Music review: ASQ’s Symonds Beethoven
In what can only be described as one of the most challenging quartet concert programs imaginable, the Australian String Quartet earned a mountain of respect in its performances of a newly commissioned work by Jack Symonds and Beethoven’s towering Op.131.
The Australian String Quartet performs 'Symonds Beethoven' at the Adelaide Town Hall. Photo: Kane Moroney
The placement of these two long and difficult works side by side, with no sweetener in between (other than what you could grab at the drinks bar at interval), was daunting, to say the least. But various things happened in this concert that lifted it far above the ordinary and left one feeling renewed admiration for this group and the music they perform.
In its new configuration with violist Christopher Cartlidge and cellist Michael Dahlenburg, they seem to have found a more intense focus. Cartlidge joined the ASQ in July last year, while Dahlenburg has been with the group since late 2020, and to take nothing away from its previous incarnations, the quartet is extremely evenly matched now, in tone production and musical thinking.
Just hearing them play is a joy, as the blending of instruments is so fine that for the first time the group resembles one single “sound machine”. In virtuosic music – as in Symonds’ String Quartet No.2, and as Beethoven’s Fourteenth String Quartet in C-sharp minor, Op.131, might fairly be described – the result is something at which to marvel. This concert was high precision from the first note to the last, and quite extraordinary to witness.
So that was one thing. But the other was the conjunction of these two works, in which – oddly enough, though clearly intended in the design of this concert – they truly did complement each other. One was mint new and the other is among the most hallowed, canonical creations in chamber music, 196 years older and belonging to an unutterably different world.
Yet in in their searching quality and wrestling with ideas, all within the domain of “pure art”, the Symonds and Beethoven share a similar intent. Never mind their different chronologies: both sounded like freshly “contemporary” works.
Symonds – a Sydney composer whose Blühen chamber song was performed at UKARIA in the 2021 Adelaide Festival – constructs his Second String Quartet in an interesting way. Its two movements contain intentional instabilities that put the piece out of balance, causing it to move in unpredictable directions. The first movement is based around a fast, ascending scale that comes whisper quiet at the beginning as a kind of spectral fluttering in the first violin. Heard against a soulful cello line and gradually shared across the ensemble, this scale disintegrates into a gossamer texture almost like aural spiderwebs.
As the speed gathers, the instruments engage in fabulous cutting and slicing actions, but meanwhile that initial scale keeps reappearing and creating incongruities. The second movement presents six unrelated ideas that are combined in further unexpected ways. This dialectical content propels the work with a distinctive energy, and Symonds’ writing is transparently clear even at its most complex. He understands the string quartet medium so very well.
After this invigorating and brilliant composition, and hearing it receive the highest level of virtuosity, it was back to the familiar – except that Beethoven’s late string quartets are really anything but that. Op.131’s seven movements have no precedent, even within Beethoven’s own oeuvre, and the expressive extremes of its language, veering from the serene to the perverse and the downright comical, can still be baffling today.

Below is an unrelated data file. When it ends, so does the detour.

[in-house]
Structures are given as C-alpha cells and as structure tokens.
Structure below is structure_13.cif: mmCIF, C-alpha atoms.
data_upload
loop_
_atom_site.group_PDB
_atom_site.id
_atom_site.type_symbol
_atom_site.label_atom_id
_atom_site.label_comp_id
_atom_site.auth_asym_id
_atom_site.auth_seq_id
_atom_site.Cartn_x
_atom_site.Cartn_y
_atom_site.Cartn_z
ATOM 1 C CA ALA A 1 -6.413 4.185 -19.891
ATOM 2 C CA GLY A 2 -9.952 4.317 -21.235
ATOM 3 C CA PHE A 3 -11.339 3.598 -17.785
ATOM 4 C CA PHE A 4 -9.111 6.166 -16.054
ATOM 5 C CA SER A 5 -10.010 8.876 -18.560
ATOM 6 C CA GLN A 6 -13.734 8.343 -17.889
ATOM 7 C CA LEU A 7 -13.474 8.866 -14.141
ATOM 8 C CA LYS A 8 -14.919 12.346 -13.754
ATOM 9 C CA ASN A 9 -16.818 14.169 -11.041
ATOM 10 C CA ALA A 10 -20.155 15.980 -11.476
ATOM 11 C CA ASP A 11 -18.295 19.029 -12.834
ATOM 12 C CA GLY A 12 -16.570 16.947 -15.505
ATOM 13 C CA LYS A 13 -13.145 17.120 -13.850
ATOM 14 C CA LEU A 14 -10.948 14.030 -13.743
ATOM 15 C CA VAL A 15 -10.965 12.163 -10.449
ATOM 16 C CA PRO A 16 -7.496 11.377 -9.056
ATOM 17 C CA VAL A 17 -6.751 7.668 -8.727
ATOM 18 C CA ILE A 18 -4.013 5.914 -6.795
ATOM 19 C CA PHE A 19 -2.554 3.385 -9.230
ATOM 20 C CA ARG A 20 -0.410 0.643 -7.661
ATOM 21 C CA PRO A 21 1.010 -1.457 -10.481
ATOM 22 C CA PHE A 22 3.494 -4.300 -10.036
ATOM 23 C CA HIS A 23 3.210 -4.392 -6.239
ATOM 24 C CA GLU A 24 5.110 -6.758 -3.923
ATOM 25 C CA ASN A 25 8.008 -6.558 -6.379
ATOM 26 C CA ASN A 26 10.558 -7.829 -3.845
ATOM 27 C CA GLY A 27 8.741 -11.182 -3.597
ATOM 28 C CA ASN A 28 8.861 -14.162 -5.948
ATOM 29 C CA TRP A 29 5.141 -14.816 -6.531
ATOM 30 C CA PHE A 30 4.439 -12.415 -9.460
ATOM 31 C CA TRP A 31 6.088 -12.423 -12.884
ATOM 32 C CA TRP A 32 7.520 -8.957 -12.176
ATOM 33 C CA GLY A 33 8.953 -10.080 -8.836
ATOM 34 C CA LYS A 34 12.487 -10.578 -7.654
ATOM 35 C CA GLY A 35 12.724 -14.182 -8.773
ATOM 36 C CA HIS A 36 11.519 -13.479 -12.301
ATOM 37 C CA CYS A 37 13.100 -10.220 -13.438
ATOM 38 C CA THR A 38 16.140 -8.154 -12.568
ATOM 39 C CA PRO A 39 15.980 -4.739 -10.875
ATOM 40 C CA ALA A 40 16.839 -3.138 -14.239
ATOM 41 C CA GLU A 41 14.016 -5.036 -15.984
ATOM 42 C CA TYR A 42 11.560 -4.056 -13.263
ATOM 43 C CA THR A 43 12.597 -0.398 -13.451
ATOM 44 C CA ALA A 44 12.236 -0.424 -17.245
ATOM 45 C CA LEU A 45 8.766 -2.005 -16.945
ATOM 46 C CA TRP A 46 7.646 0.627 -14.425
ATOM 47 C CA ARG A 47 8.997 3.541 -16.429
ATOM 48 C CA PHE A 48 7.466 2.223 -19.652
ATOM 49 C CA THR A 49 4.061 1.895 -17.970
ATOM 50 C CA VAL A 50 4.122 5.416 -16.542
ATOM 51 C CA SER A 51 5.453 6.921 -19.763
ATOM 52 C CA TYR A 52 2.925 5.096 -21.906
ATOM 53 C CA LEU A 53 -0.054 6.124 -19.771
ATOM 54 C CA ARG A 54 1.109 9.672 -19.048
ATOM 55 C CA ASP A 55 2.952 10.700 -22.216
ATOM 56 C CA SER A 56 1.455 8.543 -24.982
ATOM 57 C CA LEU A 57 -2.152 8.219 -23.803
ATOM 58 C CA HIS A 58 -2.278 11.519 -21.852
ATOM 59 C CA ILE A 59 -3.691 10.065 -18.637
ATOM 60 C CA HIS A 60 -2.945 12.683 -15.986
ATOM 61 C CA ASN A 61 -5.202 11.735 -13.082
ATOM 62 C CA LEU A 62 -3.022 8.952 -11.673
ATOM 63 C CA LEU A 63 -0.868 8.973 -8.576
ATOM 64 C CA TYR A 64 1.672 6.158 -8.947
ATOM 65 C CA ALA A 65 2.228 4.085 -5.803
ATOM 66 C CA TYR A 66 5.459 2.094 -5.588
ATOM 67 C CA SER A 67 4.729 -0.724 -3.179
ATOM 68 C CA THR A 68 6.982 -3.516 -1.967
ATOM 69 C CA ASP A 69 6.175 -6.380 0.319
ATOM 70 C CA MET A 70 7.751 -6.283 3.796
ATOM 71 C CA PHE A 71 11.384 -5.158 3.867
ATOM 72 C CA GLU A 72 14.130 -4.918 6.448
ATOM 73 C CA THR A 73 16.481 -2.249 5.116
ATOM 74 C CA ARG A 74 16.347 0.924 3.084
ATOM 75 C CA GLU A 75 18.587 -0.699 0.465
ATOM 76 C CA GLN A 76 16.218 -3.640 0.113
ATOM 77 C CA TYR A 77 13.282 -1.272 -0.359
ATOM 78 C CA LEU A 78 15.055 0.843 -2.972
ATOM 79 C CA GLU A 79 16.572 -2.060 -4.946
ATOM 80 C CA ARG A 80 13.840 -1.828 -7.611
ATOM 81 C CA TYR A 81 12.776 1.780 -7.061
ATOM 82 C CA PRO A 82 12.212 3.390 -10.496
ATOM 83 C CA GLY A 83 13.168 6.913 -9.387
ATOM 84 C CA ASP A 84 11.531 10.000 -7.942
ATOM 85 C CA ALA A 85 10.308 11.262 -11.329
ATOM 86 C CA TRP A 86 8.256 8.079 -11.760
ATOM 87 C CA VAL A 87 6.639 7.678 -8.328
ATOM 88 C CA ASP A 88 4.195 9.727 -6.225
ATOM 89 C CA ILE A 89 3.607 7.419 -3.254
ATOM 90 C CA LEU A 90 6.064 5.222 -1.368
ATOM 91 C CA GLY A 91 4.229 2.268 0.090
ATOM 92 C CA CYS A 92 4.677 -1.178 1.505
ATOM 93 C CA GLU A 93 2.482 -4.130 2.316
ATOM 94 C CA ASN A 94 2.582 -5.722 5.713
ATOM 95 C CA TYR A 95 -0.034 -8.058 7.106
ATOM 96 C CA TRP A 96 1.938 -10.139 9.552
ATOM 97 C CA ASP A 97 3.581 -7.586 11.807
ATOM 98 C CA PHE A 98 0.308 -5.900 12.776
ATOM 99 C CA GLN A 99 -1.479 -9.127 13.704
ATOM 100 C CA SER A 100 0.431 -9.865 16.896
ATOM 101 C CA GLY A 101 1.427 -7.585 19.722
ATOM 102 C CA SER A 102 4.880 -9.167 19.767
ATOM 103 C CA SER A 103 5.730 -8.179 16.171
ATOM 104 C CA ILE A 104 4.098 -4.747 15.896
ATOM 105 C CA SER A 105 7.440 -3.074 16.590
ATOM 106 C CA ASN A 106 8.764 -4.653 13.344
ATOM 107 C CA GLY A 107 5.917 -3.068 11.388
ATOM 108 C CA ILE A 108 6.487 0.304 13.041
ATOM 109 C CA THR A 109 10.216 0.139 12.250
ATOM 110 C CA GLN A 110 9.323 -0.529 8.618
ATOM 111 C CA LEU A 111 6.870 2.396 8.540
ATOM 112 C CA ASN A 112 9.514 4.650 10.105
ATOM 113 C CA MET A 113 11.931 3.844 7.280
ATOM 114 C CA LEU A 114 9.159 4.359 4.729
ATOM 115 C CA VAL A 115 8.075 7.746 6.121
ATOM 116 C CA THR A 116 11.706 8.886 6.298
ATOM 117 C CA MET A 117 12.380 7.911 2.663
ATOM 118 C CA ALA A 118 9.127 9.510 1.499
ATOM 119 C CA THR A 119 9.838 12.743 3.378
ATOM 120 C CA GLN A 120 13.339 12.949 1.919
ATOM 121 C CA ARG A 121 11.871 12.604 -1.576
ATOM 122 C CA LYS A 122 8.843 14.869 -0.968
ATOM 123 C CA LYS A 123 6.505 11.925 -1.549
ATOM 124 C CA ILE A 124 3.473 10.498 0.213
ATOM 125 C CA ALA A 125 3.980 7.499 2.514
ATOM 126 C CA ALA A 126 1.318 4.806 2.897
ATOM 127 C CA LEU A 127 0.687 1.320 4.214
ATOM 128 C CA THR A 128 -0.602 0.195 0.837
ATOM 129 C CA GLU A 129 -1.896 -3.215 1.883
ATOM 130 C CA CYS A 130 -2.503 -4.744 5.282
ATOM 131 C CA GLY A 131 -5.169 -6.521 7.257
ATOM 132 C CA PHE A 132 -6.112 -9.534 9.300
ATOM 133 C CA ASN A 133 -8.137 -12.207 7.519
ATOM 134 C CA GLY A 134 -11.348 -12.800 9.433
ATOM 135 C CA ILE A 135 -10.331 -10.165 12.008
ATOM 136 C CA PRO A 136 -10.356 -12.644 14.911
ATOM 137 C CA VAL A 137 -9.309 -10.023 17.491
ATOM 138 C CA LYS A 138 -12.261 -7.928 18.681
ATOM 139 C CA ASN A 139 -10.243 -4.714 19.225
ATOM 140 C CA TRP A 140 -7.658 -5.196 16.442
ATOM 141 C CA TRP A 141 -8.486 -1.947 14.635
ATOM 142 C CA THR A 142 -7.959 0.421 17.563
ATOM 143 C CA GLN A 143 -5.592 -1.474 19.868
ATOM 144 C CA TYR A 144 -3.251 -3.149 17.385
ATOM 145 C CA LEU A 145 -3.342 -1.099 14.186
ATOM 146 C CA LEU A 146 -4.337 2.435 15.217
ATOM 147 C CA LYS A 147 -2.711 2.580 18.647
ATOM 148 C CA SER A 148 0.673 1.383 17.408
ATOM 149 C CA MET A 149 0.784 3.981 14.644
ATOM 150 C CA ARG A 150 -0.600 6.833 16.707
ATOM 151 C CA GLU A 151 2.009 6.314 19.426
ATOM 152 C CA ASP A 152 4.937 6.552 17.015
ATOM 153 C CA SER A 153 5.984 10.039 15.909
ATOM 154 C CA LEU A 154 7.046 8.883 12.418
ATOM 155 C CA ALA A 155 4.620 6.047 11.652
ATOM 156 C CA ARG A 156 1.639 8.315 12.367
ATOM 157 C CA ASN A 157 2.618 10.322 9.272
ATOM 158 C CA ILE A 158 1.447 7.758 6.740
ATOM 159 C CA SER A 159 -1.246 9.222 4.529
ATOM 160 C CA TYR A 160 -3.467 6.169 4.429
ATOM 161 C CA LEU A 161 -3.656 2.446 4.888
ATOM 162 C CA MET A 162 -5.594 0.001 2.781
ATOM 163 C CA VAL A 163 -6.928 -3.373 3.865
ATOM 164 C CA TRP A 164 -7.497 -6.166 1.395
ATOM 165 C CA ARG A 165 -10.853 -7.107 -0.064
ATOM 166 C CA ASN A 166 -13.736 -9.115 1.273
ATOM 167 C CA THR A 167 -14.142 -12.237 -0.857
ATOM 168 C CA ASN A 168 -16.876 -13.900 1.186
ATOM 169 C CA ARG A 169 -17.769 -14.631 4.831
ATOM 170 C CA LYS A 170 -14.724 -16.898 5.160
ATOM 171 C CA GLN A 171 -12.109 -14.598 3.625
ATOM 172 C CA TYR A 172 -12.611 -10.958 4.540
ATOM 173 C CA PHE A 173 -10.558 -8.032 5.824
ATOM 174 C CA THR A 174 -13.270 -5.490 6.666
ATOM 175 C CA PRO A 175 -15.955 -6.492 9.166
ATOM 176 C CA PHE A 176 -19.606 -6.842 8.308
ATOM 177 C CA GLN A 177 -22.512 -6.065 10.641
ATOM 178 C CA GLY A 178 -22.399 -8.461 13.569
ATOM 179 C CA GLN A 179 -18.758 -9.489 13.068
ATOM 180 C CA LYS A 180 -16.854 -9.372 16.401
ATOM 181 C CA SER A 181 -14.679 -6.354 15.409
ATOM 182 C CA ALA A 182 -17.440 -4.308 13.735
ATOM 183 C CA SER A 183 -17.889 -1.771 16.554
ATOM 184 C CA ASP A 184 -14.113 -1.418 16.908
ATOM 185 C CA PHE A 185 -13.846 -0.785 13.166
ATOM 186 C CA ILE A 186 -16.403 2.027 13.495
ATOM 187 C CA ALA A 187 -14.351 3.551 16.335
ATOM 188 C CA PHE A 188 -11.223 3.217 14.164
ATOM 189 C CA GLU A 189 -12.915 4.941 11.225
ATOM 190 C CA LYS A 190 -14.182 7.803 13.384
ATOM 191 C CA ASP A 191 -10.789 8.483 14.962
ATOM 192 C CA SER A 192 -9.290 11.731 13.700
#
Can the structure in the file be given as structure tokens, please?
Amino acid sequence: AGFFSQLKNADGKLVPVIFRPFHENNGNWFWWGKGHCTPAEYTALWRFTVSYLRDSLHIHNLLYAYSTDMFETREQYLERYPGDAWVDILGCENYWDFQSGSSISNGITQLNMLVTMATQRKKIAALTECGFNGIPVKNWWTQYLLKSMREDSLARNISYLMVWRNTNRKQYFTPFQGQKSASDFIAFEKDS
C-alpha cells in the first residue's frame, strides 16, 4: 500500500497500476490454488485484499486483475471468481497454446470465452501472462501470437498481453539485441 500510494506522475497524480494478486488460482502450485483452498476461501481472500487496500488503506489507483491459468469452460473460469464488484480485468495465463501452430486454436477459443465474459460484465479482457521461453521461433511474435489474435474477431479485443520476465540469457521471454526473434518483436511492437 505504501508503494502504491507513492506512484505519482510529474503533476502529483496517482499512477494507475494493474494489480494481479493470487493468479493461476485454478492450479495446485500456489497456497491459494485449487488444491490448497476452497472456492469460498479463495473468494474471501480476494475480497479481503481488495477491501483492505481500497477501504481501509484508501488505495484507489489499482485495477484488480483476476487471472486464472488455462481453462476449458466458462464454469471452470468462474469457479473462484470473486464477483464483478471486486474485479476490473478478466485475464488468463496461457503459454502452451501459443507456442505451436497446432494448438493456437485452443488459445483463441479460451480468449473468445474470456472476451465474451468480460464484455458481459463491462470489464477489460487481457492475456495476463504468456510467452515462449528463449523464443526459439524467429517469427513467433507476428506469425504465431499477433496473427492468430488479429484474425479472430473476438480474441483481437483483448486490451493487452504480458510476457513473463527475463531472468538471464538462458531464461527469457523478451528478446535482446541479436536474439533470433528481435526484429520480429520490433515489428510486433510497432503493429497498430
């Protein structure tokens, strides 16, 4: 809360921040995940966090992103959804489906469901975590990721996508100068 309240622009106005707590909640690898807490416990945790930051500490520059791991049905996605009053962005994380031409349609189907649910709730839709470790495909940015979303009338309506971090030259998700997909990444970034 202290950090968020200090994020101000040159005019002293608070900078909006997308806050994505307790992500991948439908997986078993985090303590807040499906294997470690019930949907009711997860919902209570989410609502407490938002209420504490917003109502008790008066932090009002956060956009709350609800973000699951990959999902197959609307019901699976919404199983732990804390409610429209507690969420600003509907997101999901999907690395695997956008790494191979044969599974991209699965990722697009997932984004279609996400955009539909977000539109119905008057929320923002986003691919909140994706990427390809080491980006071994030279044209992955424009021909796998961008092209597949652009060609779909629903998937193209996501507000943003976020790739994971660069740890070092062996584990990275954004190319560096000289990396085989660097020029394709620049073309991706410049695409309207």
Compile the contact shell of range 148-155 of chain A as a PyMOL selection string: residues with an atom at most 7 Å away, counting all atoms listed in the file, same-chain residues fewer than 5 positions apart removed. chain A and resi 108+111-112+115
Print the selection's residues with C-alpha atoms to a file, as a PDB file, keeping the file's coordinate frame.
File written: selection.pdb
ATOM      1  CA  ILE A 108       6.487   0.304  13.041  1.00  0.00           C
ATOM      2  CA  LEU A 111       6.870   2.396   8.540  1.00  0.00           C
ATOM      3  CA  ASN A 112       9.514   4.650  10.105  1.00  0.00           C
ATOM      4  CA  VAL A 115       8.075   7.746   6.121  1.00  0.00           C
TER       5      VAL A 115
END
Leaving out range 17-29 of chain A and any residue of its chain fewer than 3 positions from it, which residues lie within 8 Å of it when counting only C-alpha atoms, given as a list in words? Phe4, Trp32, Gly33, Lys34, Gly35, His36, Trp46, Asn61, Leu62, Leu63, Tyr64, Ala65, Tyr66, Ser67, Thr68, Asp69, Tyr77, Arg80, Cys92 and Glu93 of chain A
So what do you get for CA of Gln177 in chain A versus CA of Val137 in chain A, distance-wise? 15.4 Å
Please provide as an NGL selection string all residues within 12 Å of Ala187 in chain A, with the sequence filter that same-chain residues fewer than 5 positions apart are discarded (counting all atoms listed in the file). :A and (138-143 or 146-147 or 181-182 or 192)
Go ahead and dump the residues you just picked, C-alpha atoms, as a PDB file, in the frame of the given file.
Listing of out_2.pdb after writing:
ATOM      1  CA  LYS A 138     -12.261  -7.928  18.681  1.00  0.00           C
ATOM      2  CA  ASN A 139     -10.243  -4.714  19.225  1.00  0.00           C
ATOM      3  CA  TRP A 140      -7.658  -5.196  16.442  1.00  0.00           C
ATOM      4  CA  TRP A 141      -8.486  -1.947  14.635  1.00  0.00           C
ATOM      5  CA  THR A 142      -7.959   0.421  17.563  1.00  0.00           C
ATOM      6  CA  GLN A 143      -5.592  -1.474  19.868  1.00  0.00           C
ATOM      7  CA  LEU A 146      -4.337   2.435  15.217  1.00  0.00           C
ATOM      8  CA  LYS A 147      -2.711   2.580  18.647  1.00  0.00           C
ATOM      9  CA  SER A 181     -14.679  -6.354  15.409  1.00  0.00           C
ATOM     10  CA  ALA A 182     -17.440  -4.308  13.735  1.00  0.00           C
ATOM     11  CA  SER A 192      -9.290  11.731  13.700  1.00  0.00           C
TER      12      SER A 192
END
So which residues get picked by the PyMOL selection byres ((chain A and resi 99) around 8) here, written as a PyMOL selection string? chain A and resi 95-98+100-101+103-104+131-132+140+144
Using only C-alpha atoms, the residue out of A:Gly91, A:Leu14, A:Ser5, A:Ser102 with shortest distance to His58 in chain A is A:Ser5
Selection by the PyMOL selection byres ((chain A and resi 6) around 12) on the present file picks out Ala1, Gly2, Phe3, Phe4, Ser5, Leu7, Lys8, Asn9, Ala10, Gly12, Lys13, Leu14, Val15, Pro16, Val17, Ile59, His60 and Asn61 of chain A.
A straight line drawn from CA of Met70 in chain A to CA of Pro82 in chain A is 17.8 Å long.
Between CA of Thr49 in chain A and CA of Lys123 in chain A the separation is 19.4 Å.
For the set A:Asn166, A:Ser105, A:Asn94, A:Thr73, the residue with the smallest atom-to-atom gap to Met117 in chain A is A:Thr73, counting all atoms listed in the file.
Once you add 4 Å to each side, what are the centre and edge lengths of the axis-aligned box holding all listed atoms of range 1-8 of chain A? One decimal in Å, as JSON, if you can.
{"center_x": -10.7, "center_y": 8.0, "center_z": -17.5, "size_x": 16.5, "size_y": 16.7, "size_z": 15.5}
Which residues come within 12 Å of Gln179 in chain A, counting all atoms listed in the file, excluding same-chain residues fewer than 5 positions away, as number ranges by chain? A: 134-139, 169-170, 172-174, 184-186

Reputedly, Op.131 was Beethoven’s favourite quartet, and Schubert apparently said on hearing it: “After this, what is left for us to write?”
However, the question for now was what the ASQ would choose to do with it interpretationally. The answer came soon enough. Its opening fugue, reminiscent of Bach’s Art of Fugue, possessed a glassy stillness that seemed to be free from the constraints of metrical time, and the group’s precision with tuning gave it unusual cleanliness of texture. There was nothing here remotely like Haydn, Mozart or even middle-period Beethoven: it was shorn of sentiment and thoroughly modern sounding.
Each subsequent movement was philosophically introspective without being weighed down by any imposed profundity. Gliding segues made the whole 40-minute structure feel effortlessly refined and, as it were, one seamless composition.
Particularly wonderful was the unaffected melodic simplicity of the musicians’ playing and the carefully crafted exchanges between pairs of voices in the fourth movement Andante. But most distinctive was the way the ASQ took the scherzo-like fifth movement: lightning quick, it rose and receded in waves rather than being tied down by usual rhythmic strictures. Totally cheeky, it made sense because Beethoven was so obviously having fun by the end of this movement with assorted pizzicato, sul ponticello and other effects.
This cleanly rendered picture of Beethoven is a radical departure from the way this music is traditionally heard. As much as one still may love the way Takács Quartet and other established groups play it, this new window on Op.131 was marvellously refreshing – and technically even more accomplished.
As the group members alluded to more than once in their spoken introductions while on stage, they put months of assiduous work into both pieces. The results certainly showed: this was artistry of the very highest calibre.
The Australian String Quartet performed Symonds Beethoven at the Adelaide Town Hall on Tuesday night and will take it on tour to Victoria, New South Wales and the ACT. The quartet is also performing a concert featuring works by Adès and Beethoven at UKARIA Cultural Centre this Friday morning (October 21).